Hello, can anyone help me with these two problems?? Thank you so much in advance.
1) Prove: If x ≡ y (mod m), then (x, m) = (y, m)
2) Show that if n > 4 is not prime, then (n-1)! ≡ 0 (mod n).
Let .
I presume it means .
We know that,
thus, for some .
Let .
Let .
We will prove it by trichtonomy.
Assume .
But that cannot be because,
And and .
Thus, thus . And we also know that .
Thus, because . And hence it is not "greatest".
By similar reasoning. We can show leads to contradiction.
Thus, by trichtonomy,
There are two possibilities.
1)n is not a square.
2)n is a square.
If n is not a square then it has a non-trivial proper factorization where .
Where are distinct.
Thus among the factors of :
We can find its factors .
When is a square there are 2 possibilities.
1)n is not a square of a prime.
2)n is a square of a prime.
If n is not a square of a prime we know that where because it is not a prime. Thus, it has a factorization in the form where are distinct and the same argument applies.
If n is a square of a prime then we have a minor problem. For example if n=4=2^2 it does not work. Which is why the initial conditions of the problem says n>4. Thus we know that and in no other way. We know that contains one factor. But what about other another factor of ? It turns out that when the factor appears among . Thus, there is another number that has a factor of . The reason why is because for thus, and is hence among one of the factors.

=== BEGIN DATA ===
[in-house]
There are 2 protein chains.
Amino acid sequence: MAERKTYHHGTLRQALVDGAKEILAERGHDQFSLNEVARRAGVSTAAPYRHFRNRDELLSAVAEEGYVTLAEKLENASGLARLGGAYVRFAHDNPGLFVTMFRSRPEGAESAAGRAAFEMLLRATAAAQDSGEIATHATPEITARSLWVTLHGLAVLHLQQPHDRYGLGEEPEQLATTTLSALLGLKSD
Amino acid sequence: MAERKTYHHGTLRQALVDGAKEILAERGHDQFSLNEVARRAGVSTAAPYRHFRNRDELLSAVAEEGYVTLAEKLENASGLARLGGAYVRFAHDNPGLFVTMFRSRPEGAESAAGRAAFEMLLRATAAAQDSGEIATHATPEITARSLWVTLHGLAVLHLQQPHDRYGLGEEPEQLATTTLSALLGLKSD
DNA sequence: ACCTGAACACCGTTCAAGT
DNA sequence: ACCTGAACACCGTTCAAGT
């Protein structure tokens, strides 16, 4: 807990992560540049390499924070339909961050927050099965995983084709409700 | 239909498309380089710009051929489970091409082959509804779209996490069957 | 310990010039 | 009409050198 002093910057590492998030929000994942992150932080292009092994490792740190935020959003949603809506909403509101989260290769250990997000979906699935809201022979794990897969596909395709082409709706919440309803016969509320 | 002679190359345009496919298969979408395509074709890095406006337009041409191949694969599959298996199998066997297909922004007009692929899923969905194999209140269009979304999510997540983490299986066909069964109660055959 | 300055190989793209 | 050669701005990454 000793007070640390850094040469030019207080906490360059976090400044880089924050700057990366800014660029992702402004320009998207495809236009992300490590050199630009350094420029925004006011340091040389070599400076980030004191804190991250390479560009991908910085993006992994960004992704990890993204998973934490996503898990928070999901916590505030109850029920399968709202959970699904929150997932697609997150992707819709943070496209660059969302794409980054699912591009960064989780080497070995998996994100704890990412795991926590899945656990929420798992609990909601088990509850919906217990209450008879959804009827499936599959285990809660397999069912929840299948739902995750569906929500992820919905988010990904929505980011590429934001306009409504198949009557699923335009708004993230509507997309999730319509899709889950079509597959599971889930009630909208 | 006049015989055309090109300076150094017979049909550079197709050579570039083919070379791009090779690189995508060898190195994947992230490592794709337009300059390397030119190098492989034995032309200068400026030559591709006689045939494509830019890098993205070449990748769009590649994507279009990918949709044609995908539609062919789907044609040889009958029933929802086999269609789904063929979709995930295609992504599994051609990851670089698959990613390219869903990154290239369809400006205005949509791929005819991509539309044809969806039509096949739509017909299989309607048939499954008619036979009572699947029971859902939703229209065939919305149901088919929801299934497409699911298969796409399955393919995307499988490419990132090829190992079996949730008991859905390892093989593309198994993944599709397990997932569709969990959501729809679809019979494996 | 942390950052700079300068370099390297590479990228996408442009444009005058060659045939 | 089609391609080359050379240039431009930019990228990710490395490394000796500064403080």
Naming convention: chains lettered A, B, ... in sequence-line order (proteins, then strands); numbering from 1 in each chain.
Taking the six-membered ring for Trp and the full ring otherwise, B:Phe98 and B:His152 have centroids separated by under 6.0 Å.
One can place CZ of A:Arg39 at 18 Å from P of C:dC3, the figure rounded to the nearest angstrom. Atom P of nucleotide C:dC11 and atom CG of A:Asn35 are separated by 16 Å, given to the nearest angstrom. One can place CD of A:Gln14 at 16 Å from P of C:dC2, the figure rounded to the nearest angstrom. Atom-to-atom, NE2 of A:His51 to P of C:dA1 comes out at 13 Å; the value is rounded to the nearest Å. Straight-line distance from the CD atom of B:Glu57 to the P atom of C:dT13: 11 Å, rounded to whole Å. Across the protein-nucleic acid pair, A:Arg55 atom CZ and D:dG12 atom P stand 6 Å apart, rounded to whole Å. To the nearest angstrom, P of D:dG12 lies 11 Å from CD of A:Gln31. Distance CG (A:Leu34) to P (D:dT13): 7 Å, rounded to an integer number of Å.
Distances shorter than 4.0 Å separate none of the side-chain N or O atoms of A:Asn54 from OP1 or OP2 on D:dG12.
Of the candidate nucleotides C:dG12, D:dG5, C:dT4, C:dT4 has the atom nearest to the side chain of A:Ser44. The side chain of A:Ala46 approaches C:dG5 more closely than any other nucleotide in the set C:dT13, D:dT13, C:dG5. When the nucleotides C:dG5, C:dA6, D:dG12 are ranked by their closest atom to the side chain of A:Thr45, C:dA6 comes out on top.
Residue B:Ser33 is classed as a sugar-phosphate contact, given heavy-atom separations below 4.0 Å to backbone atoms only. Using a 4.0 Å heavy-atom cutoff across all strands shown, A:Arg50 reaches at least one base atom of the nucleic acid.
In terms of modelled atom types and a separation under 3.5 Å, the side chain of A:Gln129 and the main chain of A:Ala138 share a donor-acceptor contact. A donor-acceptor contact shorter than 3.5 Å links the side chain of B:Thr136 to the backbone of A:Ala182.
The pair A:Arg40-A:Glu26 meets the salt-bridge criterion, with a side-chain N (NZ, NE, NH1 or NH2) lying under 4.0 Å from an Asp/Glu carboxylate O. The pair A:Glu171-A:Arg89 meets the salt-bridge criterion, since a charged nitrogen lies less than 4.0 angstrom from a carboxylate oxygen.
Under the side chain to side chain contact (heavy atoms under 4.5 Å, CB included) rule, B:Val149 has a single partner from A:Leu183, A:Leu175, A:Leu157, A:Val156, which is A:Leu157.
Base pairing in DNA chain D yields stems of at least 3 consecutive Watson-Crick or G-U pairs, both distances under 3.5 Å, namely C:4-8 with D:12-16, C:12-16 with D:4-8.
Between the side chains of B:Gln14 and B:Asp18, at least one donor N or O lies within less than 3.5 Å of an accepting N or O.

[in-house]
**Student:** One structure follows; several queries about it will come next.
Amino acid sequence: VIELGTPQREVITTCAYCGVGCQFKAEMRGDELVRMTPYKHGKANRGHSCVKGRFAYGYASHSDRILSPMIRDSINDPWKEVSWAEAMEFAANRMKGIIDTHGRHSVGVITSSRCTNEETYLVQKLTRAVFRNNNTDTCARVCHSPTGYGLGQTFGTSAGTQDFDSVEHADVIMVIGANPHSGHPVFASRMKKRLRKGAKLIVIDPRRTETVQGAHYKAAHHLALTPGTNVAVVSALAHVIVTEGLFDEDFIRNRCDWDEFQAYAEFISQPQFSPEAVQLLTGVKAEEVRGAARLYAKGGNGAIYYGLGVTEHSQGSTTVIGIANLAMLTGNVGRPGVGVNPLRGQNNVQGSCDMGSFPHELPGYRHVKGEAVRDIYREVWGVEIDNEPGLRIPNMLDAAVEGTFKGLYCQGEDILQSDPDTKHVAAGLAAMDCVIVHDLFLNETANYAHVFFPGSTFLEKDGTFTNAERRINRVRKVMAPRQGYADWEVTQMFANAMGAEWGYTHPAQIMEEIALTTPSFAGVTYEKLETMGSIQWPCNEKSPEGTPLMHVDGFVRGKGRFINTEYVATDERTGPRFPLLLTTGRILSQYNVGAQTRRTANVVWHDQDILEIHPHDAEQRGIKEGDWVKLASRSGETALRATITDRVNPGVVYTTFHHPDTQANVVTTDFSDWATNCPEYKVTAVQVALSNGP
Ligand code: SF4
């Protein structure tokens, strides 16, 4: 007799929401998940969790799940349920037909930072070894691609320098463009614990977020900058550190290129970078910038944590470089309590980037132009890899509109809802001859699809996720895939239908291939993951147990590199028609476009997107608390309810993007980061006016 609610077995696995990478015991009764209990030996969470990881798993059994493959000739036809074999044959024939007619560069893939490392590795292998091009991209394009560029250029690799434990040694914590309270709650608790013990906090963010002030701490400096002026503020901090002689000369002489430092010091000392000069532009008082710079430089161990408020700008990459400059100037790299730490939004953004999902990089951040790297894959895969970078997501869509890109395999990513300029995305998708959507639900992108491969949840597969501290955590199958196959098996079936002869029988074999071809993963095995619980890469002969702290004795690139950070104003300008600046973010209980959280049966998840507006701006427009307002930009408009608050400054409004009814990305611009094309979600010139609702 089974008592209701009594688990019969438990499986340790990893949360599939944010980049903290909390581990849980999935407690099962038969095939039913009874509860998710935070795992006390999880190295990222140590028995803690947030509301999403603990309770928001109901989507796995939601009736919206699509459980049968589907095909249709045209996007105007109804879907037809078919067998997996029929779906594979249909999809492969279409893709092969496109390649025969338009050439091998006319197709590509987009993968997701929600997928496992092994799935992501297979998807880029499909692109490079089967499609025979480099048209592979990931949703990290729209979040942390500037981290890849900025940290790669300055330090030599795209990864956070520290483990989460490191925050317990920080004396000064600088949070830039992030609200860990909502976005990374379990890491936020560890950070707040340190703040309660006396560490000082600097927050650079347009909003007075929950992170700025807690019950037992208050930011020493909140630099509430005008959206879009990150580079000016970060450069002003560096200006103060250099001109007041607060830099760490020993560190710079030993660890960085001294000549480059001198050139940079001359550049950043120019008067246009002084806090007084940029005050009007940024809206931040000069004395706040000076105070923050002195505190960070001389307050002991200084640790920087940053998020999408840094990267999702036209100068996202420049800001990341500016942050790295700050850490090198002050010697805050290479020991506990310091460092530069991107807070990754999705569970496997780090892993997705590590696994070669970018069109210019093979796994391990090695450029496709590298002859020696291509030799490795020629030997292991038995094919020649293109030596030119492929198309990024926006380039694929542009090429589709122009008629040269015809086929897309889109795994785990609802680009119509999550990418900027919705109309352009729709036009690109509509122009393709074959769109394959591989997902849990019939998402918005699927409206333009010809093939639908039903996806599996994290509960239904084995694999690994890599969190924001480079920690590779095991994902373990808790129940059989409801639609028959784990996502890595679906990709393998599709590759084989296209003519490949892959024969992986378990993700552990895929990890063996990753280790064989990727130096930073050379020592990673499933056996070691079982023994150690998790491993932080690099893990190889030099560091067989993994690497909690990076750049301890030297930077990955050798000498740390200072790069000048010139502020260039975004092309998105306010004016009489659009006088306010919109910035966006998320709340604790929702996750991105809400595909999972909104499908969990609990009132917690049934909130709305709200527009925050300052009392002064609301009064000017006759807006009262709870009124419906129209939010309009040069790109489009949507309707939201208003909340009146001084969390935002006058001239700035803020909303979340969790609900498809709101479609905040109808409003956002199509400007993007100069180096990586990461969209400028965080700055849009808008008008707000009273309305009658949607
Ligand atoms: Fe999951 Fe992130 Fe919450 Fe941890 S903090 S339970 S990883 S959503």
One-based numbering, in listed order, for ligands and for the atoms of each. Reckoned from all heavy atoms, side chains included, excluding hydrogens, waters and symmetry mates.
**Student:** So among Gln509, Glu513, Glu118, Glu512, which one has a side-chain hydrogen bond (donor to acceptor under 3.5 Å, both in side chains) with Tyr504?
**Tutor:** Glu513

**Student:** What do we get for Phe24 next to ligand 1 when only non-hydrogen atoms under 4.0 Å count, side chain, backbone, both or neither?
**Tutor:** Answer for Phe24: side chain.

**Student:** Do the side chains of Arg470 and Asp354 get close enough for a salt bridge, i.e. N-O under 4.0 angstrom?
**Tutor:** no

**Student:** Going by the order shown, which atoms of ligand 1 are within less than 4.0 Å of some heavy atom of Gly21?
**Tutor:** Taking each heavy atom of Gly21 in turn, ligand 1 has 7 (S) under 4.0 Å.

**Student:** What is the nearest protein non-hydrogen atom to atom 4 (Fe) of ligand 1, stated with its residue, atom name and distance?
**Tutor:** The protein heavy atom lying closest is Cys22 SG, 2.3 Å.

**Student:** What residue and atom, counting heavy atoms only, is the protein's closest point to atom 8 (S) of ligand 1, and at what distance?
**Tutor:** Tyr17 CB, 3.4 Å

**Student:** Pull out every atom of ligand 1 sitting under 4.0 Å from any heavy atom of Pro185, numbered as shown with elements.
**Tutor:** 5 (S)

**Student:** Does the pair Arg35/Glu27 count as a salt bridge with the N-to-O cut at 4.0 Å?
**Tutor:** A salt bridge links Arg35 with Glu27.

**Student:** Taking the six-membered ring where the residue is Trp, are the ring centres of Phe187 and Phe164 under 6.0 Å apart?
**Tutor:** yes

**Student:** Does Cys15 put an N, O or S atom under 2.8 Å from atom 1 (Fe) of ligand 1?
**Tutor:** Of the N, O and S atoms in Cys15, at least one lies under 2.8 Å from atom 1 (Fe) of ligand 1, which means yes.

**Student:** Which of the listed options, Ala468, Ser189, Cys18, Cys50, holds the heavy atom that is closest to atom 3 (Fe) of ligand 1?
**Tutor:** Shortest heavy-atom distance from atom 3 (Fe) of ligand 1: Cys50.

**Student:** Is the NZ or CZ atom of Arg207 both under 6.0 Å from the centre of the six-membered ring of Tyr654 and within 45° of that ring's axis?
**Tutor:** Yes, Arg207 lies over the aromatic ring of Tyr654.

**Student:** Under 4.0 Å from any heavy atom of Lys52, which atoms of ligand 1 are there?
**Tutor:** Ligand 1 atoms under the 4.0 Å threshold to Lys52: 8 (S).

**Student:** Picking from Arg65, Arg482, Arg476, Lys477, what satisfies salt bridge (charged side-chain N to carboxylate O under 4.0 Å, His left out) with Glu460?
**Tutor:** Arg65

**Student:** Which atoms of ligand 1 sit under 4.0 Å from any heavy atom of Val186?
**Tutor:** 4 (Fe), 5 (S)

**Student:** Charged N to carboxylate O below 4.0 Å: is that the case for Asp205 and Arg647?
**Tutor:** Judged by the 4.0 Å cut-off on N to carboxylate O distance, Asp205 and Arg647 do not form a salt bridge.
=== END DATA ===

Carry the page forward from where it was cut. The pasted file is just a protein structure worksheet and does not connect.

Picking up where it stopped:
Hmm, you have:
2 <= a,b <= n - 1, shouldn't it be: 1 < a < b < n - 1? Maybe you got it mixed up for when it is a square. The proof I was given was:
Either n is a perfect square, n = a^2 in which case 2 < a < 2a <= n−1 and hence a and 2a are among the numbers {3,4, . . . ,n−1} or n is not a perfect square, but still composite, with n = ab, 1 < a < b < n−1.
Does this work? It contradicts a few of your results.
Sorry to be a pain, but I clearly understand your proof now TPF. What I don't understand is how the proof I was given (below) proves the claim; how does that tie it all together showing that n is composite if n > 4 and that n will then divide (n - 1)!
Proof:
Either n is a perfect square, n = a^2 in which case 2 < a < 2a <= n−1 and hence a and 2a are among the numbers {3,4, . . . ,n−1} or n is not a perfect square, but still composite, with n = ab, 1 < a < b < n−1.